Friday, January 1, 2010

Anarchists and HOAs

A number of broadly libertarian thinkers, including Gordon Tullock and Spencer Heath McCallum, have suggested that private owners—condominium owners linked by interlocking agreements (Tullock) or developers leasing property to residential or commercial tenants—could regulate land-use and related matters in the absence of the state’s heavy hand.

I found myself thinking about these issues again in connection with a conversation that erupted on my Facebook page today. The focus was this article, brought to my attention by Radley Balko. One very thoughtful friend raised the question of crafting a specifically libertarian response to the problem posed by the ongoing conflict described by the article.

For me, the story serves as a very pointed reminder of why I don’t think HOAs and similar arrangements as optimal ways of organizing social relations without the state’s intervention. I wouldn’t wish the stresses associated with dealing with an HOA on anyone else. Surely anarchists can come up with more creative ways of structuring our lives together.

In any event, it strikes me that a libertarian response might include one or more of the following elements:

1. Non-Enforcement Under the Title-Transfer Theory? I’m not a particular fan of Rothbard’s title transfer theory of contract, but it occurs to me that there is perhaps an argument to be made that, on this theory (depending on whether one judges that there is any sort of title transfer in an HOA), the relevant sort of contract wouldn’t be enforceable at all (on the part of a court committed to Rothbardian principles, at any rate).

2. Money Damages Rather than Specific Performance as the Appropriate Remedy? Even if one does think the contract ought to be enforceable, I think it’s worth asking what sort of remedy ought to be available. It’s not obvious, at any rate, that the right remedy here is specific performance—perhaps it’s money damages. Certainly, I’d vote for this option over specific performance.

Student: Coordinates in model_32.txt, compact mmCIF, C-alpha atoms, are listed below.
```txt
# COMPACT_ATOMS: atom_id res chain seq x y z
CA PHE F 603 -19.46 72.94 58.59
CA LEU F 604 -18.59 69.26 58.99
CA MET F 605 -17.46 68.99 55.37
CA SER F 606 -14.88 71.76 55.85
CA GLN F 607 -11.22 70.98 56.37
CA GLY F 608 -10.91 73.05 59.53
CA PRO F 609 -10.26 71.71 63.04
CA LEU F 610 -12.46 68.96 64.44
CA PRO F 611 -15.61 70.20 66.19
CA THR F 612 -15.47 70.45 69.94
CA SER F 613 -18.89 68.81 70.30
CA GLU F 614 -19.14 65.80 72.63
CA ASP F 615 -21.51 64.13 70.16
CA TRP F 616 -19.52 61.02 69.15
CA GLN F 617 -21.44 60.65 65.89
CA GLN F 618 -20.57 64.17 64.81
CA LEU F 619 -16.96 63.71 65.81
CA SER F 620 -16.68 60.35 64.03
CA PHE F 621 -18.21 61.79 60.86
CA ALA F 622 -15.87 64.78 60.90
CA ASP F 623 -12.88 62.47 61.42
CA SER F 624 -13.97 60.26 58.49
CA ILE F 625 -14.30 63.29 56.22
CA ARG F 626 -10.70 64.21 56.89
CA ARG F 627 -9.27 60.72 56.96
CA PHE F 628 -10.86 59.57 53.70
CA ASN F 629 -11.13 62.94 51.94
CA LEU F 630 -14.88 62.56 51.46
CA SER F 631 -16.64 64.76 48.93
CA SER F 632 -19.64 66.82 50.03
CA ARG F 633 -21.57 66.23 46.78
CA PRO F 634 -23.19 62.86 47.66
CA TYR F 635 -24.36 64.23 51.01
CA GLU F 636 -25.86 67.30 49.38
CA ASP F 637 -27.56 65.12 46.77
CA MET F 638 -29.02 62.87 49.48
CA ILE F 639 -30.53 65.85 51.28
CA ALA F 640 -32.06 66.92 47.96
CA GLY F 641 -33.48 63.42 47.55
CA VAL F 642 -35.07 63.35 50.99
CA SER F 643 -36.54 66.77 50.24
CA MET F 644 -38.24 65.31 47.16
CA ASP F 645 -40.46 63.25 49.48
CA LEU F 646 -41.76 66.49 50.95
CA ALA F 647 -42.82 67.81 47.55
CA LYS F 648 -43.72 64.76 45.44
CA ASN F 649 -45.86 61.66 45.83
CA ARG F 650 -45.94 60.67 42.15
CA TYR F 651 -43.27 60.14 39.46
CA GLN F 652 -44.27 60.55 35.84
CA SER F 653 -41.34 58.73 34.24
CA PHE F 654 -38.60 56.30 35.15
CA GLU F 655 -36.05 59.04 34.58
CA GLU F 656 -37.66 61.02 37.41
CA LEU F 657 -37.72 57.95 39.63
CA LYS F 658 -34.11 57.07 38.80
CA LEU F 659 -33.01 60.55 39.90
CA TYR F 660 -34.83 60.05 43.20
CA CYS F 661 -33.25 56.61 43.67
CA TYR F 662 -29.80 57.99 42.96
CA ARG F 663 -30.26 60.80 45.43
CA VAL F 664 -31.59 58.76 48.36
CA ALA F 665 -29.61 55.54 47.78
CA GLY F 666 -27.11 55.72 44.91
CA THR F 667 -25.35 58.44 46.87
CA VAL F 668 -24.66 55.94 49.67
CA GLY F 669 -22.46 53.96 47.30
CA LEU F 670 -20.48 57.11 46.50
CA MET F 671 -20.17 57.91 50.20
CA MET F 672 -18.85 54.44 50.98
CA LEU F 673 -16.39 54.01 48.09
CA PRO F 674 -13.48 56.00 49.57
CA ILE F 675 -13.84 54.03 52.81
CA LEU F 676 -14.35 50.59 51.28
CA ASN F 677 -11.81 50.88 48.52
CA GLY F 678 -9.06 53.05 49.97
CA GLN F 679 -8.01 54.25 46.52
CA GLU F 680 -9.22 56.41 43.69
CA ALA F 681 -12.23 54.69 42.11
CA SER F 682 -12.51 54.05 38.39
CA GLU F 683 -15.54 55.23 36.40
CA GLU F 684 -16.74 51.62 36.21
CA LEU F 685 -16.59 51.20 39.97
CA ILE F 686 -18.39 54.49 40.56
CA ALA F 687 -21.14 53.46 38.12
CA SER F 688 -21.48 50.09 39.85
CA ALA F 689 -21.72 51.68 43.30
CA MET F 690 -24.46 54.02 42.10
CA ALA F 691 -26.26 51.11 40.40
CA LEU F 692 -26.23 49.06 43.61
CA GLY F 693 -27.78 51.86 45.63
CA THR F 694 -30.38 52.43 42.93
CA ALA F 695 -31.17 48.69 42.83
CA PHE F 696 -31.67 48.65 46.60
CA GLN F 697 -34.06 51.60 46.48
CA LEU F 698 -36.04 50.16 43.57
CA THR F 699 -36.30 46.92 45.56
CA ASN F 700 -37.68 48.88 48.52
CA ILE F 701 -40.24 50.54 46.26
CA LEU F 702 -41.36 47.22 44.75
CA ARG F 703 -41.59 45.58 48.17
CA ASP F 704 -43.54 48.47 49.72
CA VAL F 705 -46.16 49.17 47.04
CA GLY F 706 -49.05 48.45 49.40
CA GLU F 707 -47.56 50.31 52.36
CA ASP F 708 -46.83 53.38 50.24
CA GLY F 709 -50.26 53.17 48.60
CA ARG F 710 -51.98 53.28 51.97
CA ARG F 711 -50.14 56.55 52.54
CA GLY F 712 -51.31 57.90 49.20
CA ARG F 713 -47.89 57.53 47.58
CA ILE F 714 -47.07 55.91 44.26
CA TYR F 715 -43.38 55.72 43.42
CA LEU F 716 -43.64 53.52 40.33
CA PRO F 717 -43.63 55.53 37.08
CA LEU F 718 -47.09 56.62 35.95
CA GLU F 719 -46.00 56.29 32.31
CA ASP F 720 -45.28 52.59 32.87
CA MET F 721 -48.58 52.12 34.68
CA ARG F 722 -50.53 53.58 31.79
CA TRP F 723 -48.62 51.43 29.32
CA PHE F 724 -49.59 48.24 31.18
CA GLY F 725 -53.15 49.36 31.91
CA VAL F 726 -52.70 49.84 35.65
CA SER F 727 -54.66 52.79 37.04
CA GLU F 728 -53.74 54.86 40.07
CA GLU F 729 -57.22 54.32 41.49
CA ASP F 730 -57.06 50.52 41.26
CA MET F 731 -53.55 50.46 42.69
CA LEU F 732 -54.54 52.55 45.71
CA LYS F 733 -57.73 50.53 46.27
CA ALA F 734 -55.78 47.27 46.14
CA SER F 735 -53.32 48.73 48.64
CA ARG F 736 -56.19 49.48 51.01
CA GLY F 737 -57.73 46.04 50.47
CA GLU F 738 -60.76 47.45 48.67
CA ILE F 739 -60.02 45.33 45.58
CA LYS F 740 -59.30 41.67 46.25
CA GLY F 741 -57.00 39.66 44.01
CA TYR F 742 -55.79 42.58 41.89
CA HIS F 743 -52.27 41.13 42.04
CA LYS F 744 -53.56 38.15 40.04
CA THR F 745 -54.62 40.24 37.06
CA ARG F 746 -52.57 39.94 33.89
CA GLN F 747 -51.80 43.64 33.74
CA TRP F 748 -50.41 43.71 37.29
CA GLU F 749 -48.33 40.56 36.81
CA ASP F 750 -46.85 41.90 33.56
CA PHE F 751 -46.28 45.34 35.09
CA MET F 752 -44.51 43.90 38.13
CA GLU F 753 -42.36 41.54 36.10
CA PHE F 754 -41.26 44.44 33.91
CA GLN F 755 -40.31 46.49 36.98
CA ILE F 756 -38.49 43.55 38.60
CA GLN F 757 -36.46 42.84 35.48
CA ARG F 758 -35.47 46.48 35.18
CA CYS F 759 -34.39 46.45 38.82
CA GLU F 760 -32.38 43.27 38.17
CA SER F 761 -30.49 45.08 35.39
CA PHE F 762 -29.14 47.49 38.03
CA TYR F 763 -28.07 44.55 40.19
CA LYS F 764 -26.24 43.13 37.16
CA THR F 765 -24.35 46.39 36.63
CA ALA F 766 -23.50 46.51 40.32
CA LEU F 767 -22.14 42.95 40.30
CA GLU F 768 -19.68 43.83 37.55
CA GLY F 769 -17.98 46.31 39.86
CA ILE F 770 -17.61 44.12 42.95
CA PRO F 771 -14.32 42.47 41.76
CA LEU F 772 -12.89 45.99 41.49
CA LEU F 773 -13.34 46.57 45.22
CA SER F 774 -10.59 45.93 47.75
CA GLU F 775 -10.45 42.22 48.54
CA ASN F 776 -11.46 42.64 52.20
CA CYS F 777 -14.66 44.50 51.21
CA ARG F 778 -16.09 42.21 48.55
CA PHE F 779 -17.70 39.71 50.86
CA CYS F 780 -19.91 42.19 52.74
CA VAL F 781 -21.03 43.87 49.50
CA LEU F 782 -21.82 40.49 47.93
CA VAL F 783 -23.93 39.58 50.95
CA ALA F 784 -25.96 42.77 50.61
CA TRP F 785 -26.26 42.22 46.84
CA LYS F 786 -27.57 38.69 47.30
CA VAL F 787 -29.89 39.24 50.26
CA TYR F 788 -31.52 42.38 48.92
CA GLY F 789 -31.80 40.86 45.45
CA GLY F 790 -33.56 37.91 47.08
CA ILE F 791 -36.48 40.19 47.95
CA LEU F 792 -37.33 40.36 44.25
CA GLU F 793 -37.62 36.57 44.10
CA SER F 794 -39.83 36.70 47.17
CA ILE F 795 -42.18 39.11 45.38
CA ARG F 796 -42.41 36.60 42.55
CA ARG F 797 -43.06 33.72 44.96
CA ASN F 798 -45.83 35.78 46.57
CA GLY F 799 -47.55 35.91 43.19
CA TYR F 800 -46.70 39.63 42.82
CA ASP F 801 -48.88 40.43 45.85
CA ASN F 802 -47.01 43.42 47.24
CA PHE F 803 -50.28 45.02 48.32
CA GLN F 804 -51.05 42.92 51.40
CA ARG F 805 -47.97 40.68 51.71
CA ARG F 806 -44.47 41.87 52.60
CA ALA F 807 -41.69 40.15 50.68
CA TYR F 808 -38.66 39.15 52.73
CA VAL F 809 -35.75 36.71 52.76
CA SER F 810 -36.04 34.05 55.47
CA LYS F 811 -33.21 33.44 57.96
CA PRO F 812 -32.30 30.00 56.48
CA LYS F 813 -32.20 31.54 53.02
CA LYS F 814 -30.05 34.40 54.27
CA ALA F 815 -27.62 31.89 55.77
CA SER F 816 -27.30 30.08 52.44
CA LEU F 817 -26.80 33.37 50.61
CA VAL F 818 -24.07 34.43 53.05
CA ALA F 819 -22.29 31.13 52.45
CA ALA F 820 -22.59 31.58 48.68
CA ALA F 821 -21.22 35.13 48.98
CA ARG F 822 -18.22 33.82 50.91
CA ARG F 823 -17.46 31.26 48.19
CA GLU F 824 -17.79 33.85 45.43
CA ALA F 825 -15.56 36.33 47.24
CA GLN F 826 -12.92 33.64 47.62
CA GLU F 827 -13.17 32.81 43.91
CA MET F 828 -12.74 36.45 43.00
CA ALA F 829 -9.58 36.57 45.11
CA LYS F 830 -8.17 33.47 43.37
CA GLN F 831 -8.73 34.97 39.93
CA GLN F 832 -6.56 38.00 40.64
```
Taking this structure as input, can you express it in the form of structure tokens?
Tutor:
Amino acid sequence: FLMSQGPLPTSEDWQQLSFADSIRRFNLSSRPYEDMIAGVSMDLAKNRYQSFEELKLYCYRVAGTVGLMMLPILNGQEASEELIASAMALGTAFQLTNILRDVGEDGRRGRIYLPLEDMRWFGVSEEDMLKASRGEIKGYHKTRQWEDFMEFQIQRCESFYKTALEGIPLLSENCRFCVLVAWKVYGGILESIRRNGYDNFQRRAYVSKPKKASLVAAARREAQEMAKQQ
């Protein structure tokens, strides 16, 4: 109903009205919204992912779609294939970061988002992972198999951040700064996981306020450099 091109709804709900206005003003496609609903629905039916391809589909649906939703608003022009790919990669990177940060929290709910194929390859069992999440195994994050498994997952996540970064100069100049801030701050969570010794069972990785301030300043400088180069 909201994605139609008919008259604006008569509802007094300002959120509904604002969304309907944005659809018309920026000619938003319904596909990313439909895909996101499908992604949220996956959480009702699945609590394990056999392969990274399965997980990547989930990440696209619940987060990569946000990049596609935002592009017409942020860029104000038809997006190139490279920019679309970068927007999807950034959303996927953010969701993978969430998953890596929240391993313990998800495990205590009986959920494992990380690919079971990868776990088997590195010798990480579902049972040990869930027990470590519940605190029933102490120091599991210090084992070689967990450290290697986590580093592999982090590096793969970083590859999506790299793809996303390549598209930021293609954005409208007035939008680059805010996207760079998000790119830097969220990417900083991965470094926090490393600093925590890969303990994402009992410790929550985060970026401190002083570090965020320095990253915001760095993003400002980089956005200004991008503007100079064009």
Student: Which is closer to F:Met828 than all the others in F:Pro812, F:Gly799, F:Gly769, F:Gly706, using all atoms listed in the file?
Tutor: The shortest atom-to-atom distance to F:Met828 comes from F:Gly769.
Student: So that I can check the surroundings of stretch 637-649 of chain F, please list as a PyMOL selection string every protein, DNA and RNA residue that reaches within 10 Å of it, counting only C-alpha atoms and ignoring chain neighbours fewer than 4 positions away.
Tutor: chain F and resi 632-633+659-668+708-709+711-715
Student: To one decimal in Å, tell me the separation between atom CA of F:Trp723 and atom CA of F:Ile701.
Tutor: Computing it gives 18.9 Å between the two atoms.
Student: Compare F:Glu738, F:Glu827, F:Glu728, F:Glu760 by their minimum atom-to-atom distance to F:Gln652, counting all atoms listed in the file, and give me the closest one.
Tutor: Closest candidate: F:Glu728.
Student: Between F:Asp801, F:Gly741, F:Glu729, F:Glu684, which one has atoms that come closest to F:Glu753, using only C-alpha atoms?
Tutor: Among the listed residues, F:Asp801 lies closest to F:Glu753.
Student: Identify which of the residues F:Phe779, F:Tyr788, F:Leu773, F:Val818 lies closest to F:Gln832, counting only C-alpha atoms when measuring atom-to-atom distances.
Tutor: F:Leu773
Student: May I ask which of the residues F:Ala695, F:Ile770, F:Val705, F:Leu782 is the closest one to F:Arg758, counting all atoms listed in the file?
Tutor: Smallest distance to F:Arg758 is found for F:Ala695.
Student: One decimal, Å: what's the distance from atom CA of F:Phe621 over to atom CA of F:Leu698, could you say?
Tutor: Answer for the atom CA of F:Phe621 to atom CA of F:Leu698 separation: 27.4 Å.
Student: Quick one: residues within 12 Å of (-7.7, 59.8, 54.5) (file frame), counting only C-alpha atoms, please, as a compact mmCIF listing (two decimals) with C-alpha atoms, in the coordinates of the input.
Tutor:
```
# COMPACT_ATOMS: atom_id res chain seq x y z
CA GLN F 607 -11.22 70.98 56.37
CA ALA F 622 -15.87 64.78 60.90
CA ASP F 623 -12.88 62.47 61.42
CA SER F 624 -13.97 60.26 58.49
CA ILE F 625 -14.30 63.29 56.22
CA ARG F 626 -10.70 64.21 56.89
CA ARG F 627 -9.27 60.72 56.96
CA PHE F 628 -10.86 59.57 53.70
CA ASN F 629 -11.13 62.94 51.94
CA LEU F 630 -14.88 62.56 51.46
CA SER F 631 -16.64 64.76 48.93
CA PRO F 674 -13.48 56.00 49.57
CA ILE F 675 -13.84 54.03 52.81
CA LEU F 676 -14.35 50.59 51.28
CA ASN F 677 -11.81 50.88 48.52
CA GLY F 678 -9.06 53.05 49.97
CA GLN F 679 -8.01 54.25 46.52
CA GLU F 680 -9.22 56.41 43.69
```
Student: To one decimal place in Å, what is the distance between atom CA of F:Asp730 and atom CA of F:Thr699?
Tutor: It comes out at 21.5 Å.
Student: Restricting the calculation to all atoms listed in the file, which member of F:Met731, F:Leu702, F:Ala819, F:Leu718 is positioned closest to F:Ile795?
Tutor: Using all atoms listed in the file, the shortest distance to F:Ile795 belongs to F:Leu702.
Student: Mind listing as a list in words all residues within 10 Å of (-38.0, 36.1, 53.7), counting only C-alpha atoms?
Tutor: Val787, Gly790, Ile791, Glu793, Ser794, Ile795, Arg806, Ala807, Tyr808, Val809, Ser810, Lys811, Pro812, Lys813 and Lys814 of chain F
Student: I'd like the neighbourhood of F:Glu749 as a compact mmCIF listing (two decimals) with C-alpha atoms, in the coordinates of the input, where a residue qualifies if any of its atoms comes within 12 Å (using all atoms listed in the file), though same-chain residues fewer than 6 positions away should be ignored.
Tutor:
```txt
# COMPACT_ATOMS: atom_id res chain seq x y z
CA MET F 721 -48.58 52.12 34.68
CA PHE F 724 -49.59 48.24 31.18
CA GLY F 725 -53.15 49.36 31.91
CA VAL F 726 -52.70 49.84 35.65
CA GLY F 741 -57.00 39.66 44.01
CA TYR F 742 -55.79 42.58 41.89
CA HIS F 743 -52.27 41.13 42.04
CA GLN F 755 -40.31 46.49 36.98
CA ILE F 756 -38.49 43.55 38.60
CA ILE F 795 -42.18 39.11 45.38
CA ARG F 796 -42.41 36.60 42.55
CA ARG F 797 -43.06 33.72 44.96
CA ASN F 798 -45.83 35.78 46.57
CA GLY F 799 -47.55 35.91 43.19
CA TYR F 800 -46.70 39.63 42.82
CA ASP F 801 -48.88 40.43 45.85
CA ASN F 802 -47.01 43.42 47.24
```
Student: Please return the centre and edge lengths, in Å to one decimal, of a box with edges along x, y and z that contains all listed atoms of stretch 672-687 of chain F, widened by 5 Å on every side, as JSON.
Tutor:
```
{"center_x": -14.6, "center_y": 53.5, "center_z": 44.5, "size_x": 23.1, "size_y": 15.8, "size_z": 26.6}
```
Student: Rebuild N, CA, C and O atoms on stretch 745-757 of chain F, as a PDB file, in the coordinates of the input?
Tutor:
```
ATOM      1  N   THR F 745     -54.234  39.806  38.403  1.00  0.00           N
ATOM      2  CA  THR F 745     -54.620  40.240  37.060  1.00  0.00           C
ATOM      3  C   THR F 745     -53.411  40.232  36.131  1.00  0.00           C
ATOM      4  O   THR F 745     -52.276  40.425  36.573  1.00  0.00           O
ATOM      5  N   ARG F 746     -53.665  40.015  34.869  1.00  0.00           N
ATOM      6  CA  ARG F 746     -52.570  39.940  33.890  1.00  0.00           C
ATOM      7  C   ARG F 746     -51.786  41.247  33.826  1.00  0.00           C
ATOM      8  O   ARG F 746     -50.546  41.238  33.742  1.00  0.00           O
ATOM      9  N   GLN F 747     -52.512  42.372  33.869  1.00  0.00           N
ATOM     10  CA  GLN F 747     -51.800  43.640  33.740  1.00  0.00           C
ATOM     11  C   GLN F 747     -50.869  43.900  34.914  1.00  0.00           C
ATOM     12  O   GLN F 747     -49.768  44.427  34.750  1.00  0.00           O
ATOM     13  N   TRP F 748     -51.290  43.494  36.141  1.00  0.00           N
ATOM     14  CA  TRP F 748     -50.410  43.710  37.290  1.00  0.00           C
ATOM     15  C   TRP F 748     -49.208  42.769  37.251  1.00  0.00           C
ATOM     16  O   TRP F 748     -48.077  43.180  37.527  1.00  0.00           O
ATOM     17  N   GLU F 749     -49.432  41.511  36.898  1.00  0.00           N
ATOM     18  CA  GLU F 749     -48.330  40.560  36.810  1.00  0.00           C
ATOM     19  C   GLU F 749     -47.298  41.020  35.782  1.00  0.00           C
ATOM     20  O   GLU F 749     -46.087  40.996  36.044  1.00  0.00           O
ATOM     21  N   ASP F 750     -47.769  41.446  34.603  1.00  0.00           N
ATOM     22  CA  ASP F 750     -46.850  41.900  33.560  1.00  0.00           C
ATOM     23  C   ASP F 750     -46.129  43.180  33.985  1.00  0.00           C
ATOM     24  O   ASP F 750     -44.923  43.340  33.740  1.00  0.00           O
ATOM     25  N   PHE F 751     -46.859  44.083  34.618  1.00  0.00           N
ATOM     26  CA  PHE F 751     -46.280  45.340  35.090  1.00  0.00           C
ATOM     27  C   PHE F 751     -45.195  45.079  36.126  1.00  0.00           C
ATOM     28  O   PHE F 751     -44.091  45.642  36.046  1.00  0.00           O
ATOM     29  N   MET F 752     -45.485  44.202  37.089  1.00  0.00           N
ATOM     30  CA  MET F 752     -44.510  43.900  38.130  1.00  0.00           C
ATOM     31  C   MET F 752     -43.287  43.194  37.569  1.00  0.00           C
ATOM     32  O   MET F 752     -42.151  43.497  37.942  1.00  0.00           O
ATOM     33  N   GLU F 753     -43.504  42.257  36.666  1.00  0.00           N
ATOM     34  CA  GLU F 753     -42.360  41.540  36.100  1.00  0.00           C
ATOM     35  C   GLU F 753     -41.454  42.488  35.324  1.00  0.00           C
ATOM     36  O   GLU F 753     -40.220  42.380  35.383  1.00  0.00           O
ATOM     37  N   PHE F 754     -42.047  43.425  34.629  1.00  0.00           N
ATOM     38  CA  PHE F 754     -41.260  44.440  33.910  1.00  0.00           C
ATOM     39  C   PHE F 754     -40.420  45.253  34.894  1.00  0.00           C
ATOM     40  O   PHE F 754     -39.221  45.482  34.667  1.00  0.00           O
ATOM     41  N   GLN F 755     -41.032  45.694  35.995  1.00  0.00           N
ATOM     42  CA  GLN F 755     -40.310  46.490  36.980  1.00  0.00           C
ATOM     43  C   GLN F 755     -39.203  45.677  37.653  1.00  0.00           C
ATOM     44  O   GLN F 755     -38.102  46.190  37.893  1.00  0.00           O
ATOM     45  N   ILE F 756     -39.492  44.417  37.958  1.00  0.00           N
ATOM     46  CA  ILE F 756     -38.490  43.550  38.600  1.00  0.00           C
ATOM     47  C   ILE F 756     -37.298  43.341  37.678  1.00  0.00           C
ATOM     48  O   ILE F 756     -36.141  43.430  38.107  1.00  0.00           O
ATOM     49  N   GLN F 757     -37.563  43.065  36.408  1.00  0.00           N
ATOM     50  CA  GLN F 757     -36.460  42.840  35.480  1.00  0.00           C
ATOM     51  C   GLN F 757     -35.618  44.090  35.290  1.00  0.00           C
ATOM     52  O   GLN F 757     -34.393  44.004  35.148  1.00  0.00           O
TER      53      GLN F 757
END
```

3. Non-Enforcement Per a Protective Agency’s Contract? It seems to me to be perfectly consistent with even a strictly Rothbardian anarchism (one different, therefore, from my own variety in a number of ways) for my own protective agency to decide in a situation like this that it wouldn’t provide enforcement services—provided its contract with users specified that its court system reserved the right to engage in the development of rules in common law fashion in the service of equity (no doubt the situation would be different if its contract specified that would it provide enforcement services in any and all cases, but [a] it seems unlikely that any credible agency would bind itself in this way and [b] “enforcement” still needn’t mean requiring specific performance, but might instead mean securing money damages).

4. Non-Violent Protest? A further libertarian response here might obviously involve non-aggressive protest, boycotting, shunning, etc. Someone engaging in this sort of response wouldn’t be arguing for a change in general legal rules related to the enforcement of contracts, but would be asking that the HOA reconsider its own rules, something any non-violent objector presumably has the right to do.

I’d be interested in readers’ reactions both to this specific story and to the broader questions it raises about the organization of social life and the resolution of conflict in a stateless society.


Isaiah said...

Is eviction one of the things you're referring to when you say "specific performance" in #2?

Gary Chartier said...

Yes—“specific performance” means insisting that someone do what she says she'll do in a contract. In many contexts, courts simply won't mandate specific performance as a remedy (if a singer backs out of an agreement to croon at a concert, a court won't issue an injunction requiring that she not go anywhere but the concert venue at the specified time). I'd argue that, in a case like this, too, a court ought to prefer money damages. If the HOA can demonstrate real economic loss, then the damages might be high enough to prompt the grandparents to leave. But my instinct is that the real-world economic damages the HOA could demonstrate would be pretty low.

Isaiah said...

I asked because from the perspective of the HOA (or landlord, etc.), having to continue accomodating someone could look like a specific performance. Of course, in an arrangement where residents "own" their houses, the service rendered by the HOA is not the particular space of the residence, but other services which can conceivably be denied without eviction...Is this why having to move out of an HOA is a specific performance and not merely an end of service?

Gary Chartier said...

Good observation, Isaiah. It seems to me that the issue of specific performance arises when the residents own their homes, as in an HOA; things would doubtless work differently in other cases.